We declare the right of every person to water, food, care and shelter and affirm our absolute right to peace of body, mind and spirit.
A Dia de los Muertos celebration in Walker Square Park featured a parade, food, dance and tributes to the ancestors.
Growing up on Chicago’s west side, Patricia Williams lived in almost-constant fear. When she became a mother, she decided it was time for a change.
From growing up in one of Milwaukee’s most challenged neighborhoods to running a business of her own, Kathy Kingcaid has lived her life with no regrets.
The free event, hosted by the MacCanon Brown Homeless Sanctuary, will include resources and activities.
Donald Ealy shuffles across an empty Center Street in Park West. Ealy’s tired eyes and thin mustache adorn his weathered face; a patterned cardigan and brown driving cap lend him an air of aged dignity. “When I went to prison, my eyes wasn’t open,” Ealy says. “I wrote the judge a letter thankin’ him for savin’ my life. I had 30 years. The judge brought me back to court because he said he had never got a letter like this before, and he said the letter was so sincere … he brought me back to court and took 15 years away.”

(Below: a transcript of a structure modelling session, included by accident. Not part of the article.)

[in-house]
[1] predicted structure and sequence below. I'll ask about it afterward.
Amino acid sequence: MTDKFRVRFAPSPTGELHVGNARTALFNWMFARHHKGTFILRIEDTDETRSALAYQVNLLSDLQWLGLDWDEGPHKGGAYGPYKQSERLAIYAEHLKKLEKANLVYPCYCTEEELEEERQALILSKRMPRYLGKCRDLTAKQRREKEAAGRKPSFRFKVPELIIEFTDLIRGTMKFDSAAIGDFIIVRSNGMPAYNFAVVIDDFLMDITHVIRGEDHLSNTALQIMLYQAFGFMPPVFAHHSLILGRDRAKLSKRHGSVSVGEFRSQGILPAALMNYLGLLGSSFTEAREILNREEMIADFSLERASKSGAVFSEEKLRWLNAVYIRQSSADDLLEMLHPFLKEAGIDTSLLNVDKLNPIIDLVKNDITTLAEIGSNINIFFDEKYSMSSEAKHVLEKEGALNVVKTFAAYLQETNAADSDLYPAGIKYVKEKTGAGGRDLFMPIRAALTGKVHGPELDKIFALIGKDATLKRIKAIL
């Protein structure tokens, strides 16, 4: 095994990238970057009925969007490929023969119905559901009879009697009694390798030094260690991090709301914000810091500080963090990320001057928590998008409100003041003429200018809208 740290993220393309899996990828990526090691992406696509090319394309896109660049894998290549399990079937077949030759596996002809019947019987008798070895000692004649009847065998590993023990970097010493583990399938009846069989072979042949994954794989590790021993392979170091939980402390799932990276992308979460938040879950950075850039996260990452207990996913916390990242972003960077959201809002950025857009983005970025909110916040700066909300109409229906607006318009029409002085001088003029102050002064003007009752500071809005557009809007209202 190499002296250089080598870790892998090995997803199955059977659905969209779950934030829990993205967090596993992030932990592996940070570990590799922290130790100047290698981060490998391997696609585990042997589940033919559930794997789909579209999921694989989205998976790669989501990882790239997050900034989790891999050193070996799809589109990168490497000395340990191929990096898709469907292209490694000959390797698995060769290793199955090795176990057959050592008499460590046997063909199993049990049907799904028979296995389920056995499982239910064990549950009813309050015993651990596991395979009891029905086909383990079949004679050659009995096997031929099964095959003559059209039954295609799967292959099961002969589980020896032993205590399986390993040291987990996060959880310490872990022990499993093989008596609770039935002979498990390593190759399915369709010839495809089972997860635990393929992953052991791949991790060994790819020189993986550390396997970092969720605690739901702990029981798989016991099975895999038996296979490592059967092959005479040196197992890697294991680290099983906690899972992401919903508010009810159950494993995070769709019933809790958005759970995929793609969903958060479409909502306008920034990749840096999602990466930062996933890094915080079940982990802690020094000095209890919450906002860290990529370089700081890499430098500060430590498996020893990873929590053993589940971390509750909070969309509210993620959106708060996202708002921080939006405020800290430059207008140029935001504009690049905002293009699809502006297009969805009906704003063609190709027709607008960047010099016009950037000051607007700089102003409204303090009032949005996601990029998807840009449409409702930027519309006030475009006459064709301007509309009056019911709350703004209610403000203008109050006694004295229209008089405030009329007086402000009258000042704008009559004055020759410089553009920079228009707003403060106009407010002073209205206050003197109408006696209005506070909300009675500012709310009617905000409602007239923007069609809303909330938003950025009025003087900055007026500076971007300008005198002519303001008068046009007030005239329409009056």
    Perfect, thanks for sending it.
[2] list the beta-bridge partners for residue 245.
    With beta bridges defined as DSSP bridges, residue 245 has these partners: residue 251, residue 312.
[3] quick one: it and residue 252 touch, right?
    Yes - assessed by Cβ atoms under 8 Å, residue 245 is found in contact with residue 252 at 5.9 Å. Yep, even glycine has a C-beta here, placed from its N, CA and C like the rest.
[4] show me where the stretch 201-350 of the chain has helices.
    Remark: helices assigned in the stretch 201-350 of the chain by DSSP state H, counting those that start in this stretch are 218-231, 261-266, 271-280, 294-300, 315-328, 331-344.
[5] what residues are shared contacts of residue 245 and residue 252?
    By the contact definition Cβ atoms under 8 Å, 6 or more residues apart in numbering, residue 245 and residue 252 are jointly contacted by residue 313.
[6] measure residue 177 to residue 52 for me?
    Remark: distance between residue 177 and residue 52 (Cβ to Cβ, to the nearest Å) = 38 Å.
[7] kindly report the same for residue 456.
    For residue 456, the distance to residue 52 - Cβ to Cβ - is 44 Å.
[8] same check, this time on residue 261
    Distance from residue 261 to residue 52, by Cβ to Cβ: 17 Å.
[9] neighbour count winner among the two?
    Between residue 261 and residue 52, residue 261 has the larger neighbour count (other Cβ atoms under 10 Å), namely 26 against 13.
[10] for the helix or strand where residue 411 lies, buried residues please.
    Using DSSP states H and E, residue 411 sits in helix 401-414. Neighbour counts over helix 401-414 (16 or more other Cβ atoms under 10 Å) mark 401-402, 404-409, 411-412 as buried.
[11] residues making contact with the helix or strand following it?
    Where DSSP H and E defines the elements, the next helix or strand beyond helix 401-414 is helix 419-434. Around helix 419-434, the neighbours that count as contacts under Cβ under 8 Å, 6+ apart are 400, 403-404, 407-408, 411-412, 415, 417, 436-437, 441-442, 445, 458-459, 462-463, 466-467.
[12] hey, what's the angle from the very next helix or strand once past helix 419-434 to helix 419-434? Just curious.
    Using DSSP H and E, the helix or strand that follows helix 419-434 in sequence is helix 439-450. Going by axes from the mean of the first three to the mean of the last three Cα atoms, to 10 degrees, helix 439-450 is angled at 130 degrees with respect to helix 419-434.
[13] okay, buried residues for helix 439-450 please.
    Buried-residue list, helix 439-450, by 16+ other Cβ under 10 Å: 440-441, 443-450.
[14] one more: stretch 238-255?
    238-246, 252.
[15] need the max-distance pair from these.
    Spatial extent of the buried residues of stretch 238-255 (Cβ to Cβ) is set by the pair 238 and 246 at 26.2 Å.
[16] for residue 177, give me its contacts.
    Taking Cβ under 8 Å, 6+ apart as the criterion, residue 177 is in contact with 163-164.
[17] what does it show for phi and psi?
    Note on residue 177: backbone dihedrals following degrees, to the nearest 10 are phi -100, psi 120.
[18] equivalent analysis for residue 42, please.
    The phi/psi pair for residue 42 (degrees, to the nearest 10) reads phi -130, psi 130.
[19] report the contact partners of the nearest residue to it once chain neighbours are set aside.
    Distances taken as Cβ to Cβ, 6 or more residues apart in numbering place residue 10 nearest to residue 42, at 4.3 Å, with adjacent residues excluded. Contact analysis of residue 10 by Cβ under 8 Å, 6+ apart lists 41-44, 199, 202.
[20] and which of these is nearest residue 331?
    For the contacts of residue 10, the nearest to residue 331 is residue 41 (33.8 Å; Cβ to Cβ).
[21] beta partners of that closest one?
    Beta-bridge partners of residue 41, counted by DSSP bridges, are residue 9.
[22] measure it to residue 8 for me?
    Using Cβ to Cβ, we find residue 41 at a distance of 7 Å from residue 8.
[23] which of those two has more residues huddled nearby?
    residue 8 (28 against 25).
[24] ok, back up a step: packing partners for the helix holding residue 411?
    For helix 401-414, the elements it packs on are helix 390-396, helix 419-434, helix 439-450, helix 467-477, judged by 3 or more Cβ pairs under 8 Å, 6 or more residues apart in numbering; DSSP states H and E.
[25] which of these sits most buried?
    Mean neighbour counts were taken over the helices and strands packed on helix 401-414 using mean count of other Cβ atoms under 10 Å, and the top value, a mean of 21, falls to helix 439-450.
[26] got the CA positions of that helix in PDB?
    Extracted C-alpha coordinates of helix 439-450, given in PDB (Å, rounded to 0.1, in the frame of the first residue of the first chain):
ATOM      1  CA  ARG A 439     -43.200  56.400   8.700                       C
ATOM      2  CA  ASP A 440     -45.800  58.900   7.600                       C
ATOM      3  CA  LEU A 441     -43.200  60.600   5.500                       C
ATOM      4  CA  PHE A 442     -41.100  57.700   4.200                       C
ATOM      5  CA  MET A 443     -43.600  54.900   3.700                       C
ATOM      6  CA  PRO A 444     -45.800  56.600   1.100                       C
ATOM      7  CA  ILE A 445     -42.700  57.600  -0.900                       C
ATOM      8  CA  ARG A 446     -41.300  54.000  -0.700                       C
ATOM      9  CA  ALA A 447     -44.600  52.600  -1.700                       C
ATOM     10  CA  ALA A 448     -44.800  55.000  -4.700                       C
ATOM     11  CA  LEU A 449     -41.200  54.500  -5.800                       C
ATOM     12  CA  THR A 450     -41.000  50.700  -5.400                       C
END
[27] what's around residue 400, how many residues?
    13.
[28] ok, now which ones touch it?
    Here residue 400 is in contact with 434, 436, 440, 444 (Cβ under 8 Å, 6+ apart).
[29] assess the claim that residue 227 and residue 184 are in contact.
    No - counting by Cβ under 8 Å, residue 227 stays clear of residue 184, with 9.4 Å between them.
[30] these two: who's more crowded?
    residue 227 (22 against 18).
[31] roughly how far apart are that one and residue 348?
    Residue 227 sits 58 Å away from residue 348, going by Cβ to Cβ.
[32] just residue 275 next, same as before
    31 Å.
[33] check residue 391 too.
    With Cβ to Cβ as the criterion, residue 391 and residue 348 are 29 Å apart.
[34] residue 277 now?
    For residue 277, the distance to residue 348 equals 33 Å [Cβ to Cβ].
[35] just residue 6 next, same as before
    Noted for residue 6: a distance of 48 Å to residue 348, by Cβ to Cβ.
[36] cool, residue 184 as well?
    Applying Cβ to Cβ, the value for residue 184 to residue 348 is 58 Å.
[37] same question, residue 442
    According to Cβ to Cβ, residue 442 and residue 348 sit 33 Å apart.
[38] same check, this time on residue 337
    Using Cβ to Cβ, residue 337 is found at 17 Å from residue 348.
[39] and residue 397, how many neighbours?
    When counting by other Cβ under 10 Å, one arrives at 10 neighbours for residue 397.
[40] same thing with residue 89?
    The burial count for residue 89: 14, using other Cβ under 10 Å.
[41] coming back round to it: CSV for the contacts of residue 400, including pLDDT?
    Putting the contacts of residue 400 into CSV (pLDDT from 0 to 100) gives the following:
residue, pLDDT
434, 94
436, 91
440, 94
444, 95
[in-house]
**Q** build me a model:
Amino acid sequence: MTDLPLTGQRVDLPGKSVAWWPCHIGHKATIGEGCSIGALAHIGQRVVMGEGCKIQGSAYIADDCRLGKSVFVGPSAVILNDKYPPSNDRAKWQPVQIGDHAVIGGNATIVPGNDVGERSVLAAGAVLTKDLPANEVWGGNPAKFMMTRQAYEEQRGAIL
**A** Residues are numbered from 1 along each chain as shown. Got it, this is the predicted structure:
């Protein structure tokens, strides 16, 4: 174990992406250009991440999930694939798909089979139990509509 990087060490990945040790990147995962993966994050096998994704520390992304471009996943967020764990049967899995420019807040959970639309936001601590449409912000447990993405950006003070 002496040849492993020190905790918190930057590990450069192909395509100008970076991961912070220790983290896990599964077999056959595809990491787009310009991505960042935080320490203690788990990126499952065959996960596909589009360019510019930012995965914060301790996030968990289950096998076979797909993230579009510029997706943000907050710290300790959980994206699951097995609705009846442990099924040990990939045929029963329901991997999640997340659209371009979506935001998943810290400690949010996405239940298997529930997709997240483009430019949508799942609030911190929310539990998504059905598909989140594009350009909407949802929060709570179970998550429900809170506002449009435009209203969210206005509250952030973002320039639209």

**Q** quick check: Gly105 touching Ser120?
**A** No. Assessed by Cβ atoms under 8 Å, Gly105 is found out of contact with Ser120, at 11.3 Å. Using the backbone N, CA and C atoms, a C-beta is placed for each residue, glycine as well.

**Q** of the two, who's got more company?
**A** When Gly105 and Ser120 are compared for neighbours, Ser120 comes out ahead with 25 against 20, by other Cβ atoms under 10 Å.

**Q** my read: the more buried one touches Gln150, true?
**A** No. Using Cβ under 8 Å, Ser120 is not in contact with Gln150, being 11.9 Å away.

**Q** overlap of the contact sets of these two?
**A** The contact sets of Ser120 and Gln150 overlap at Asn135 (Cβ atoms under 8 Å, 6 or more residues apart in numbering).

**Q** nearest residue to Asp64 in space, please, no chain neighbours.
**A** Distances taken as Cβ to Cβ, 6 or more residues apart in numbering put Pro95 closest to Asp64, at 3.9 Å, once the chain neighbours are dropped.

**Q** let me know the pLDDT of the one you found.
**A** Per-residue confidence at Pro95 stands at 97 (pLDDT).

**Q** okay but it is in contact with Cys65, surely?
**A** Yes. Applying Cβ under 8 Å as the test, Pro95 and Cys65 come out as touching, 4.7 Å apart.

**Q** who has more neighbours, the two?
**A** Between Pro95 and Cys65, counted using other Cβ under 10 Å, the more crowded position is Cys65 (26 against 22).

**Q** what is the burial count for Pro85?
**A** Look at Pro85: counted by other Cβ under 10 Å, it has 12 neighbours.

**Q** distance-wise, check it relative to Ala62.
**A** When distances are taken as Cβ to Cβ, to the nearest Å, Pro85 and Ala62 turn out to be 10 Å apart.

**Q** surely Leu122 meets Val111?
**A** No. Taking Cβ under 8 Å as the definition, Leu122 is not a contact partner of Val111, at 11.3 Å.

Diego Sebastian pushes his cart of elotes (boiled or grilled corn on the cob), papas (hot and spicy Mexican potatoes) and chicharrones (fried pork rinds) up South 30th Street, honking a loud horn. Sebastian, who’s been in Wisconsin for 10 years, is trying to attract customers. “Me, I push carts,” he says, as he scans the street. “[There’s] nobody outside, no have monies.”
Joanne walks to the sidewalk from beside the open passenger window of a Jeep, where she had been a moment before. She opens her chapped lips to speak; the Pick ‘n Save at 2355 N. 35th St. looms in the background. “We are so hungry … we ain’t eaten in two days. Please help me,” she says.
Preston Jones smokes a cigarette outside the Milwaukee Rescue Mission on W. Wells Street in the Marquette neighborhood. Expelling the smoke seems like a sacred ritual for Jones — he opens his mouth in a long “o” shape, exposing his slender, yellow-stained teeth, before breathing out. Jones was “born and raised right here in Milwaukee” and, for the most part, hasn’t left. “I done been to Chicago before, I done been to Holly Springs, Mississippi, before — only one time to each one of them,” he says, though you wouldn’t know from hearing him talk — his voice is loud with a hint of southern drawl.